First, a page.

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Input from Farmers about Broadacre Permaculture

 
                      
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I am a graduate student at the University of Florida in the Interdisciplinary Ecology Doctoral Program. My dissertation research focuses on the barriers to farmer adoption of broadacre permaculture. I believe that in order to truly infiltrate the current system, Permaculture must be adopted by people who are producing food for others. I am interested in hearing from folks (especially farmers who have been inspired by Permaculture) about their experiences. Here are a few questions that I have to guide the discussion:

    Why do Permaculture principles, practices and strategies still remain on the fringe of mainstream farming in the United States and Australia?

    b. Are farmers who adopt Permaculture driven by their beliefs and ethics or by rational scientific principles?


    c. What are the main barriers to farmer adoption of permaculture?


    d. What benefits do farmers expect when they adopt permaculture?


    e. What benefits do they actually realize?


    f. Why hasn’t permaculture been disseminated to a wider population of farmers?


    g. How can dissemination of permaculture reach a wider audience?


    Your input will help to shape my inquiry as I will be conducting observations and interviews with Permaculture-inspired farmers in the US and Australia in the near future.


    Thanks!
    Wendi
 
tel jetson
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this thread here might be worth checking out.

bit to busy to add much more than that at the moment.
 
duane hennon
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hi Wendi,

here is another good thread
http://www.permies.com/permaculture-forums/8927_0/permaculture/tedxmanhattan-cheryl-rogowski-being-a-family-farmer

also in my experience with farmers and permaculture
1. most conventional farmers are mechanical oriented (tractors, tractors, tractors) so in their view, the answer is more tractors, combines, harvestors, etc
2. farm layout is based upon machinery access, straight rows, monocrop for ease of mechanical harest
3. soil, not being mechanical, is not thought about as much
4. any inputs would therefore be delivered by machines, ie, herdicide, pesticide sprays, and fertilizer
5. one of the selling points of monsanto's chemical gmo no till is that one person, who never has to get out of the cab of a tractor, can prepare, plant and harvest a large amount of land
 
                      
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This is good fodder, folks. I can imagine that aside from the technical aspects of farming such as infrastructure and machinery, there are also many social aspects such as the stigma of being an outlier against the norm.  It seems that there would be much economic risk involved with pay-offs coming many years down the road. One other thing that I thought of is that Permaculture principles are largely based on small scale systems. I am  confused a bit about what broadacre permaculture would entail.Has anybody ventured into coming up with PC principles for broadacre? I can definitely put all of these assumptions on the table, but I need to actually speak with many of the farmers who are trying to implement PC design...which will happen within the next 18 months.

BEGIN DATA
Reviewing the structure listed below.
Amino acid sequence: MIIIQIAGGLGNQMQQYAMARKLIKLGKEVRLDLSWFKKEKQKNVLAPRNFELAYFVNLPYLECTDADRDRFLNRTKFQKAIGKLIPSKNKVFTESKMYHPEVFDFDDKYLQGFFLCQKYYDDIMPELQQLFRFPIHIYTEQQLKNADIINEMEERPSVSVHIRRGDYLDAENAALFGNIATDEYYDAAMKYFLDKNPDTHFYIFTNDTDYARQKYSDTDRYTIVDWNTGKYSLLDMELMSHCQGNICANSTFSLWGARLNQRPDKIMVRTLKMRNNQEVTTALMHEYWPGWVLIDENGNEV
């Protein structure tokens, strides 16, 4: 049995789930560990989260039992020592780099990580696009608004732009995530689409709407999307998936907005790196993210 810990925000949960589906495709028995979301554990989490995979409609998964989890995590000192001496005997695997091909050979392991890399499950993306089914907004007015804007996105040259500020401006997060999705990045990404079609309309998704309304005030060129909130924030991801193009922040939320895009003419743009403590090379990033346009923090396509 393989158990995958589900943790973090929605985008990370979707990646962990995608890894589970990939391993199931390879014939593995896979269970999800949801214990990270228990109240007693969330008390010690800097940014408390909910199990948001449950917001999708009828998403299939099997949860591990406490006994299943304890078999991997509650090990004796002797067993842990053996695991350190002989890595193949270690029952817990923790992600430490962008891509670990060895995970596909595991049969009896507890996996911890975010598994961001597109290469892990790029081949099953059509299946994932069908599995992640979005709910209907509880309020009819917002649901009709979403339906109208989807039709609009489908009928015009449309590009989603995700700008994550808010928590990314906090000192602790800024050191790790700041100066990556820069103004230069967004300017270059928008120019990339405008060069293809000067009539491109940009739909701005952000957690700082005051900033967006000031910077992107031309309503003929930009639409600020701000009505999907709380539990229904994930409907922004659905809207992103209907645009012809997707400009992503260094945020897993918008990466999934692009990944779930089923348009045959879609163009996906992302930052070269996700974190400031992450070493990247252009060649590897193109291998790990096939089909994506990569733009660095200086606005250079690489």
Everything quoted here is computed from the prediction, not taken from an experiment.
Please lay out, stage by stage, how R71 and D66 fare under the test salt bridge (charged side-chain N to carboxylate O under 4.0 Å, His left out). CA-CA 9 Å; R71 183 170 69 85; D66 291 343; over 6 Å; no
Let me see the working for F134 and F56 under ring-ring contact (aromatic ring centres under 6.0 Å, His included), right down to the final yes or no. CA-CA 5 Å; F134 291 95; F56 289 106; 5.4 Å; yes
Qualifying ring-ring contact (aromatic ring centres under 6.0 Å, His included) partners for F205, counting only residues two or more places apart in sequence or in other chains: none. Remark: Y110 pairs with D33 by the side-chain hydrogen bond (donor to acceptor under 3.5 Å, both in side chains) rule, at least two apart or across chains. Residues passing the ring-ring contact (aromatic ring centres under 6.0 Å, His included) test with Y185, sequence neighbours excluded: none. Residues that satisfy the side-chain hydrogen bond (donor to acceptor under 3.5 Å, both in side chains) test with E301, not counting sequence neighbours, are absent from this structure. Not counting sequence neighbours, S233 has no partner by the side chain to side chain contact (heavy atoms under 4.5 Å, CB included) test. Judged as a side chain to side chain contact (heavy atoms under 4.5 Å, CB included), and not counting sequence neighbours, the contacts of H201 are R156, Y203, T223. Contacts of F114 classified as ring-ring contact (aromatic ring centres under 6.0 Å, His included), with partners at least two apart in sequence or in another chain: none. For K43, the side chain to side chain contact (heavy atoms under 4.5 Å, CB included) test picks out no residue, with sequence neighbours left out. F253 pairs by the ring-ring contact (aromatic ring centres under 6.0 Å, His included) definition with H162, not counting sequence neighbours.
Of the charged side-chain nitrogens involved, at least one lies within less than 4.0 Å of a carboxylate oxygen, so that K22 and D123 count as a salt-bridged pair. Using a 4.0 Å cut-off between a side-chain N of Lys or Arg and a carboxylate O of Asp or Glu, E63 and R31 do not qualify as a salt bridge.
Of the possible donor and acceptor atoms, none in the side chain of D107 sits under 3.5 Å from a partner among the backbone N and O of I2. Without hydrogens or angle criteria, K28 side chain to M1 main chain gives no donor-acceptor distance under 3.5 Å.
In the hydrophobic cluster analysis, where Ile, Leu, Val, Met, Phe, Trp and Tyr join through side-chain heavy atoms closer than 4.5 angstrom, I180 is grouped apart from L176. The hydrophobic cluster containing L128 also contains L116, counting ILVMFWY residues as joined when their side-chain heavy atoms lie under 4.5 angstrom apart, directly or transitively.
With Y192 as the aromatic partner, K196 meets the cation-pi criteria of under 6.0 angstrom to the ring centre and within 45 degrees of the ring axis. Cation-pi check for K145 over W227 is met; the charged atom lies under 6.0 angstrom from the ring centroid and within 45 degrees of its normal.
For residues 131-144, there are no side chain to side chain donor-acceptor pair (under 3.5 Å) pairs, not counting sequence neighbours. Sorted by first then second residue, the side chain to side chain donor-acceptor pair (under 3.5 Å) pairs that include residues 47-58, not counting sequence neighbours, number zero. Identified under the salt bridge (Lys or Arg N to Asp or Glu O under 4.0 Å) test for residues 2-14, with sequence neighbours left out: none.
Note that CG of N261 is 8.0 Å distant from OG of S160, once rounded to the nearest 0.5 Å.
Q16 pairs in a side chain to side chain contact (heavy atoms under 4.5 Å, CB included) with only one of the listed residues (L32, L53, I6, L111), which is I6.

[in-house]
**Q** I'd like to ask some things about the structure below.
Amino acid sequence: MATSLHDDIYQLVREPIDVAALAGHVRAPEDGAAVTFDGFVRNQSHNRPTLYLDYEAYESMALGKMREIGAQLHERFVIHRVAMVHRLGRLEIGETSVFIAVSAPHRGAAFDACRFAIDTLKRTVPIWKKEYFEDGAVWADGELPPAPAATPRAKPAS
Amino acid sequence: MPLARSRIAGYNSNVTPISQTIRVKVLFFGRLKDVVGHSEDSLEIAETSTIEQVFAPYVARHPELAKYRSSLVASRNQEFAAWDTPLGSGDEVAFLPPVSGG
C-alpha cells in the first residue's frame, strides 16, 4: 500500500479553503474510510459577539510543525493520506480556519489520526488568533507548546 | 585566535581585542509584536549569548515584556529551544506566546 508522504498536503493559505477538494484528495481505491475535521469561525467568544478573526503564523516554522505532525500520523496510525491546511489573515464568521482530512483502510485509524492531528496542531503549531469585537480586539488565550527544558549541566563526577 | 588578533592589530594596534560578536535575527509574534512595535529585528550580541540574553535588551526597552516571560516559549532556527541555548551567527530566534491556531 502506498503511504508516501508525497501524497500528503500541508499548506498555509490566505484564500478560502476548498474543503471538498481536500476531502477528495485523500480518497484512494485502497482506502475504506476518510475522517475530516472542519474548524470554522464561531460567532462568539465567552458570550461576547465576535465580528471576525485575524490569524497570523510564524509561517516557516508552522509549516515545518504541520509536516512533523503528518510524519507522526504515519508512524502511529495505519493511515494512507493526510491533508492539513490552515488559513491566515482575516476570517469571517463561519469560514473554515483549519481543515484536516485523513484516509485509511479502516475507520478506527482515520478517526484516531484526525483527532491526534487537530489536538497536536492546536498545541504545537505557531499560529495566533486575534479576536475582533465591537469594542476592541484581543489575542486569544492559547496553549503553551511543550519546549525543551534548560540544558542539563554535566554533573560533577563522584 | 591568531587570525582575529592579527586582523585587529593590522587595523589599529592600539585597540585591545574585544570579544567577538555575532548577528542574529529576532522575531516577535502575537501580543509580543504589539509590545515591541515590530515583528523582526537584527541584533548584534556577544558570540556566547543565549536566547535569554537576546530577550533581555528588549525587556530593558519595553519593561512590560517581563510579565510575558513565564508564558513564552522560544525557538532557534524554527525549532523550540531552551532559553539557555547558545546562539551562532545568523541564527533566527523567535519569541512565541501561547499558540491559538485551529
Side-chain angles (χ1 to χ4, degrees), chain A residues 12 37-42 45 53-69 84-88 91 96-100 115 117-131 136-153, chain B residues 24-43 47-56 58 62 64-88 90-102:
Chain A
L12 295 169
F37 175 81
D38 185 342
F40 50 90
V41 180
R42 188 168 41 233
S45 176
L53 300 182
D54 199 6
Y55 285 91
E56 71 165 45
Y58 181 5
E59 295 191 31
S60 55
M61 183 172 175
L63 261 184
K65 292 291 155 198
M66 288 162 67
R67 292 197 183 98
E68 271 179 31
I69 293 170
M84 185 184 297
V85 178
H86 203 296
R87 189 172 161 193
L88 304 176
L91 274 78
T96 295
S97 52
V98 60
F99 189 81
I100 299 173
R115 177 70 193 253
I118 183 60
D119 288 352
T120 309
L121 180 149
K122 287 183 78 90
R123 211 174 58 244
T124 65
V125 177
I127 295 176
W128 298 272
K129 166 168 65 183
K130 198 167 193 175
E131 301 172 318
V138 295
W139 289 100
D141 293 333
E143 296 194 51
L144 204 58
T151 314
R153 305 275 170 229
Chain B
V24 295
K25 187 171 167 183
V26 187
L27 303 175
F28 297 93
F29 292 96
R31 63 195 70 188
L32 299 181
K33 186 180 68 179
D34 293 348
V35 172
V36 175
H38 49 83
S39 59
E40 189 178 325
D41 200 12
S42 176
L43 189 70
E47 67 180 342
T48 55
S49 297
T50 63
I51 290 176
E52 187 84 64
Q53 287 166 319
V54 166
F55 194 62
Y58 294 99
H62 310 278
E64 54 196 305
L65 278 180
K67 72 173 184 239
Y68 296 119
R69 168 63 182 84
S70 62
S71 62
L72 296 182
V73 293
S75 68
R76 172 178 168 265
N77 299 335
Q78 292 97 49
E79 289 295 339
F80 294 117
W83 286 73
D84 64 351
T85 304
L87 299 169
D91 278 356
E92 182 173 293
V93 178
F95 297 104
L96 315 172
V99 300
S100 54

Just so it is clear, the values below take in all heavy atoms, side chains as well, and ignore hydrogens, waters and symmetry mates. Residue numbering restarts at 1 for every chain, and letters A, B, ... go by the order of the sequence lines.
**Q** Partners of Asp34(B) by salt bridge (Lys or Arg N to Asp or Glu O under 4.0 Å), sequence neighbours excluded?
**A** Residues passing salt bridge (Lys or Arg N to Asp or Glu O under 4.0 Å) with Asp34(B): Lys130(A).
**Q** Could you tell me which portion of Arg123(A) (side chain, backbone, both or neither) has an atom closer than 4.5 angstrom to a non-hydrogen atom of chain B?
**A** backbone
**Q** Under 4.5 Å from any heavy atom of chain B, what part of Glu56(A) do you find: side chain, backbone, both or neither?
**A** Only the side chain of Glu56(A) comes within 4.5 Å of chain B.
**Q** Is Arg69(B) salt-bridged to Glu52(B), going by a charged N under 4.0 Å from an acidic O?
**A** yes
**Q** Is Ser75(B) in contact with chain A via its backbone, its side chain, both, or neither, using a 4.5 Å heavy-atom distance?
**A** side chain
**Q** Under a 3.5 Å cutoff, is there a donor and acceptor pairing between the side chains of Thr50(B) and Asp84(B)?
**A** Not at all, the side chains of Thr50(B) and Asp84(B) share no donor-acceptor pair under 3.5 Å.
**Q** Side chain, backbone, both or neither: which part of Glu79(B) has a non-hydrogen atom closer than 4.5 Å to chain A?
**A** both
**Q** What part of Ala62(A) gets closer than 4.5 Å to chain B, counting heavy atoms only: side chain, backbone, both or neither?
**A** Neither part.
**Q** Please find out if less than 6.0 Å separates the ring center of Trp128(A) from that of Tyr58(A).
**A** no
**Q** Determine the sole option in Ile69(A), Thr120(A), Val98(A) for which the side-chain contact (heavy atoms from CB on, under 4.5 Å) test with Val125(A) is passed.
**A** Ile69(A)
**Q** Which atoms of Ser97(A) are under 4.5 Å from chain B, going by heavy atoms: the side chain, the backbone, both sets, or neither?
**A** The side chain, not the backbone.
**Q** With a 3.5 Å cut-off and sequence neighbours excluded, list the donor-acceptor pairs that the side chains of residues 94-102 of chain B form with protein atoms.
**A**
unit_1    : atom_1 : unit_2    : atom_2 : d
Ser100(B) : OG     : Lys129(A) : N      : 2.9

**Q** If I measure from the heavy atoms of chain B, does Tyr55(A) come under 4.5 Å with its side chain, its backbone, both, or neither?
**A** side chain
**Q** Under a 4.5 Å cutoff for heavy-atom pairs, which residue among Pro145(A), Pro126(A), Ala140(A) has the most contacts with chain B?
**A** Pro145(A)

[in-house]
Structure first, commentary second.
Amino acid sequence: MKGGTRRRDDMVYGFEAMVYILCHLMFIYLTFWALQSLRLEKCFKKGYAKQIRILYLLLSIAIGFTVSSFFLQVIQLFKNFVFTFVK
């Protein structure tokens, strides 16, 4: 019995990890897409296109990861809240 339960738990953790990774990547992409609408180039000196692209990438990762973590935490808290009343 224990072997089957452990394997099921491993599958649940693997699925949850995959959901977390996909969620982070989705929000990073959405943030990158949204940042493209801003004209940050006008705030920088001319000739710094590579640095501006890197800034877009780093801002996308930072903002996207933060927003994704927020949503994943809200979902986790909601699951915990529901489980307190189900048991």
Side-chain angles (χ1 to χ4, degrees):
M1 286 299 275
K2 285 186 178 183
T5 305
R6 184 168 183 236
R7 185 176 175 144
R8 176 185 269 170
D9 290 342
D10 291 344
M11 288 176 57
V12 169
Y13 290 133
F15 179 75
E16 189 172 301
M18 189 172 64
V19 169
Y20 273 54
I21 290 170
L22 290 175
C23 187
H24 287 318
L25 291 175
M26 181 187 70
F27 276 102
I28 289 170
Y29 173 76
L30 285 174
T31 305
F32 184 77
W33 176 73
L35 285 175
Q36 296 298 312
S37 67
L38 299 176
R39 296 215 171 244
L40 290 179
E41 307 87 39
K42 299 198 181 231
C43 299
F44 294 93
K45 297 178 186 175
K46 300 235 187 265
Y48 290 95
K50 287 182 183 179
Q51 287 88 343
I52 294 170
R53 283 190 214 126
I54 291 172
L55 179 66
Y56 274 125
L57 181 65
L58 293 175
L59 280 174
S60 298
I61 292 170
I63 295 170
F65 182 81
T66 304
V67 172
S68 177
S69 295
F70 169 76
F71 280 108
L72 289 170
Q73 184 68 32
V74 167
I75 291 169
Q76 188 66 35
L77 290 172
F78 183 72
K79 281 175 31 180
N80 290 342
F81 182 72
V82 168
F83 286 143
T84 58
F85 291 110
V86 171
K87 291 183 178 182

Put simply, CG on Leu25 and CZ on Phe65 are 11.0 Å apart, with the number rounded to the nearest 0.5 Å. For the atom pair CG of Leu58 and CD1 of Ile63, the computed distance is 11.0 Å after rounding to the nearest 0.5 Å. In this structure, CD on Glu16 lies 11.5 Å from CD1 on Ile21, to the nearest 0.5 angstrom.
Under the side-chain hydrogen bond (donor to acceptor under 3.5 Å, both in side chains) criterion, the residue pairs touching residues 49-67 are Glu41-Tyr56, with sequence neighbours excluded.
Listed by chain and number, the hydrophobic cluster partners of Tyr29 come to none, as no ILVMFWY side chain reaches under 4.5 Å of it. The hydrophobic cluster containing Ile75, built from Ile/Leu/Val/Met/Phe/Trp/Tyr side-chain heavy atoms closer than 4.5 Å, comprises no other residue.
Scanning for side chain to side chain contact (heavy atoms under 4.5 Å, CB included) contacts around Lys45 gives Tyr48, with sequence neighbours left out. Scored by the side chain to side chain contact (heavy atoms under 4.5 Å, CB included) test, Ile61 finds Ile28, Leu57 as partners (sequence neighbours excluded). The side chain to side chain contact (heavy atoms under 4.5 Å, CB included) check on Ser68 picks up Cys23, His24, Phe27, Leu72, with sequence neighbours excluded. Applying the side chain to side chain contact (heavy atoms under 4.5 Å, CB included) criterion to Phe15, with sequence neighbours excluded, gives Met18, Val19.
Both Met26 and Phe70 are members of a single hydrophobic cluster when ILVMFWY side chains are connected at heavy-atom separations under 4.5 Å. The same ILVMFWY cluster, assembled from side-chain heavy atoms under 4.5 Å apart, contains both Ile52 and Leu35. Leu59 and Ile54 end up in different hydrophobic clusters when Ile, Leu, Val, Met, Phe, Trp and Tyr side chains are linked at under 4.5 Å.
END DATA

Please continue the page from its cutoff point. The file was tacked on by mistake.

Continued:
Tyler Ludens
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Wendi wrote:
Has anybody ventured into coming up with PC principles for broadacre?


Why would the existing principles not work with larger acreage?

 
Terri Matthews
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Wendi, just off the top of my head, an acre of corn will yeild 5000 pounds of dry shelled corn, is not raised using permaculture, and needs only a few man hours to do.

An acre of permaculture yeilds far less calories and takes many man hours to do.

Therefore it is less profitable.

By the way, Wendi, PLEASE PLEASE PLEASE share with us what the permaculture farmers are raising? This is a subject very near and very dear to my heart!
 
Terri Matthews
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Oh, yes. I just remembered.

For farming permaculture, check out the very old farming books.

Did you know that fields of crops used to be "hogged off"? Yep. Instead of harvesting the grain by hand and carrying it to the pigs, they used to put good fences around their fields and move the hogs to the fields to let them harvest their food themselves. Now, straight grain is not a balanced diet so they usedd to take the protien supplements to the field to the pigs: skim milk was popular because there was a better market for cream than their was for milk. In this manner the farmer avoided a great deal of effort. When the pigs were ready (or when the feed was all eaten) the farmer would load up the hogs and take them to auction, and the pigs would be how he got the money for the field of grain.

In a modern operation the pigs are confined, and the grain is carried in from the field to give to them.

150 years ago, what we are now calling permaculture was often done, as people did not have our machinery available.
 
                      
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Terri, I will definitely post a link to my dissertation when I am finished, but it may be quite a while. As part of the dissertation, I will also propose a curriculum for Agricultural extension to incorporate PC into their farmer trainings based on the benefits and barriers that I discover in my research.

You say that an acre of permaculture yeilds far less calories and takes many man hours to do. But does that have to really be the case? Yes, corn produces plenty of biomass beyond the kernels that is not useful unless returned to the soil in a no-till operation.